Nova has broadcast a film about the life of some of the Czech Romany people who have emigrated from the Czech Republic to Canada. According to reports, the film created the impression that Czech Romanies lead a carefree life in Canada, free of institutionalised racism, which is rampant in the Czech Republic.
As a result of the film being transmitted, the Canadian Embassy in Prague has been flooded with enquiries from Czech Romanies, wishing now to emigrate to Canada. Some Czech Romanies, trying to fly to Canada, have been turned back during a stop-over in Switzerland.
Critical voices accuse Nova TV of broadcasting an unbalanced report. However, Nova TV insists that the report was totally objective.
But, for instance, a Czech correspondent in Canada has written the following for the Czech internet daily "Neviditelny pes", issue dated Monday, 18th August, 1997:
"An immigrant family with two children will receive 1214 Canadian dollars per month. From this, the family has to pay for a flat ($600 - 900 or more, depending on the province), food, transportation and everything. Frankly speaking, this is not much money, but it is possible to buy bread, margarine and mince for hamburgers.
Obviously, no self-respecting Romany will tell a Czech television reporter that he is destitute in Canada and cannot buy a jar of beer. (...)What about the language barrier and the total lack of qualifications of most Romanies. (...) And, what is most worrying: the Romany families in the Czech Republic, who now want to emigrate to Canada under the influence of the Nova TV film, will sell all their posessions in order to purchase their air tickets, will arrive at Pearson International Airport in Toronto to be turned back by the immigration officers there - and what will they do, when they arrive back in Prague, totally destitute? These will be the fruits of the Nova TV "responsible" journalism. It makes me sick."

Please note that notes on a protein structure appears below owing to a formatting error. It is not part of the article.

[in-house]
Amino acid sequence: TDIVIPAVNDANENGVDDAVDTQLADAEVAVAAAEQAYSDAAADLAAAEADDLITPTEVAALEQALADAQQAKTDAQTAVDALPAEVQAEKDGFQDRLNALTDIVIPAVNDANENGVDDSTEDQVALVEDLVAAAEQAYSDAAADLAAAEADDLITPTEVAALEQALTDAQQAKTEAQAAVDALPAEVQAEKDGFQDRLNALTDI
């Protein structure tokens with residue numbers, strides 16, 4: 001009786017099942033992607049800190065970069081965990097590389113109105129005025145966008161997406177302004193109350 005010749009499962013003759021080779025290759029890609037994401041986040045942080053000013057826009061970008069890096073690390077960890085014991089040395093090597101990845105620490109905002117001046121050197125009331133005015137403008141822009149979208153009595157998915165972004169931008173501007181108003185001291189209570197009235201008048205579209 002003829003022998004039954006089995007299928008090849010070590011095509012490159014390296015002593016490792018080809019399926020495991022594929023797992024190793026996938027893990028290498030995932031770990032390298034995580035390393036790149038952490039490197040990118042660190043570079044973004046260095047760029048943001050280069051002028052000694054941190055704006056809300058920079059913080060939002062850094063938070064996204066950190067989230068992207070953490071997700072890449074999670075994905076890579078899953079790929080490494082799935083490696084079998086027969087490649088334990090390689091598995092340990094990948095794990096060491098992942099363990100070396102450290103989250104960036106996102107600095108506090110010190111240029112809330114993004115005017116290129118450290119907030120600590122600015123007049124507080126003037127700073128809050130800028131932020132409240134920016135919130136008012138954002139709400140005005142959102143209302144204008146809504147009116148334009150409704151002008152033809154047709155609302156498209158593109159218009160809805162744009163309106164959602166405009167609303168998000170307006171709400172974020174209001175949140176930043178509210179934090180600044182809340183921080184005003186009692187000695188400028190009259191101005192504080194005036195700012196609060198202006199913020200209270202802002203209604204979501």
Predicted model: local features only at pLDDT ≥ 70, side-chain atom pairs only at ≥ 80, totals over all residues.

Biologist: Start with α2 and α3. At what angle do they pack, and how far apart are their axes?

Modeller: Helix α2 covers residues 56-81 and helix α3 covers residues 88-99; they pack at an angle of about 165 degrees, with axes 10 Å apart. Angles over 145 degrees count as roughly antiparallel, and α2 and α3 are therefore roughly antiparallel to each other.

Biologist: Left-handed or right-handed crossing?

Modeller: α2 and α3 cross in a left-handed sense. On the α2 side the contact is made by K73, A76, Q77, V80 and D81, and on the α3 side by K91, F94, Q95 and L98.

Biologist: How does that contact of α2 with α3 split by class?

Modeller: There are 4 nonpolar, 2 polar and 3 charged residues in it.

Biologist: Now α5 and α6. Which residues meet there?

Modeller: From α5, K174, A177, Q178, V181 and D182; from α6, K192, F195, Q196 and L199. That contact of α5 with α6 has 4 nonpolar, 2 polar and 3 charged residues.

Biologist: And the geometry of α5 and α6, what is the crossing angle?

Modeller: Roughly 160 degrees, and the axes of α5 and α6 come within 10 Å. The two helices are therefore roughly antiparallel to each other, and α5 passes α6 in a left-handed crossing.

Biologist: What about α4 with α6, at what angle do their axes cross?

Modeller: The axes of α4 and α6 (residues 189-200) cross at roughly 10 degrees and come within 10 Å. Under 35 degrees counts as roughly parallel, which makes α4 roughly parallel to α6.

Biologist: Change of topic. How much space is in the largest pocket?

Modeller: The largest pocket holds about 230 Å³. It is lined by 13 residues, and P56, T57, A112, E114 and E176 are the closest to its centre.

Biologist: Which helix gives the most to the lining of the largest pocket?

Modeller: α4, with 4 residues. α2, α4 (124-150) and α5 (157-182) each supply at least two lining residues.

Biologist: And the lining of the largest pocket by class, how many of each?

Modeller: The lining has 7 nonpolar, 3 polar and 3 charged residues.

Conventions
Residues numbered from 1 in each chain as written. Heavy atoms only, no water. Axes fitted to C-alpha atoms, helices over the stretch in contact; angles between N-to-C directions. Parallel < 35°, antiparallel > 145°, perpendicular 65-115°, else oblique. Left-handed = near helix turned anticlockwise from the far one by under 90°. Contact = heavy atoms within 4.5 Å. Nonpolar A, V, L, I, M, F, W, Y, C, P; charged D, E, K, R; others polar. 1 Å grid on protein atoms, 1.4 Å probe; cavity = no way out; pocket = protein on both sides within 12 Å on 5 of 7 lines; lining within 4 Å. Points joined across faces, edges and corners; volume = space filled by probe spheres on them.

Apparently, the issue has recently become headline news in the Canadian media, thanks to Nova TV and its coverage.
The issue of the Romany minority in the Czech Republic is a serious problem. Obviously, the Nova TV programme has touched a raw nerve by broadcasting a film about the life of Czech Romany immigrants to Canada.
This commentator has not seen the Nova TV film, but, judging by reports, would like to speculate that the intractable and complex problem of the Romanies in the Czech Republic has been treated superficially and not in a sufficiently competent manner by Nova TV reporters.
Here is an article, dealing with the issue, published in the British weekly The Sunday Telegraph of 17th August, 1997:
Czech exodus as gypsies flee to Canada
By Francis Harris in Prague
ONE of the biggest movements of refugees since the Rwandan civil war has begun this weekend from the Czech Republic to Canada.
Thousands of Czech gypsies hope to escape high unemployment and fear of attacks by neo-Nazi groups at home. Canada has said there is nothing it can do to prevent many of them from entering the country.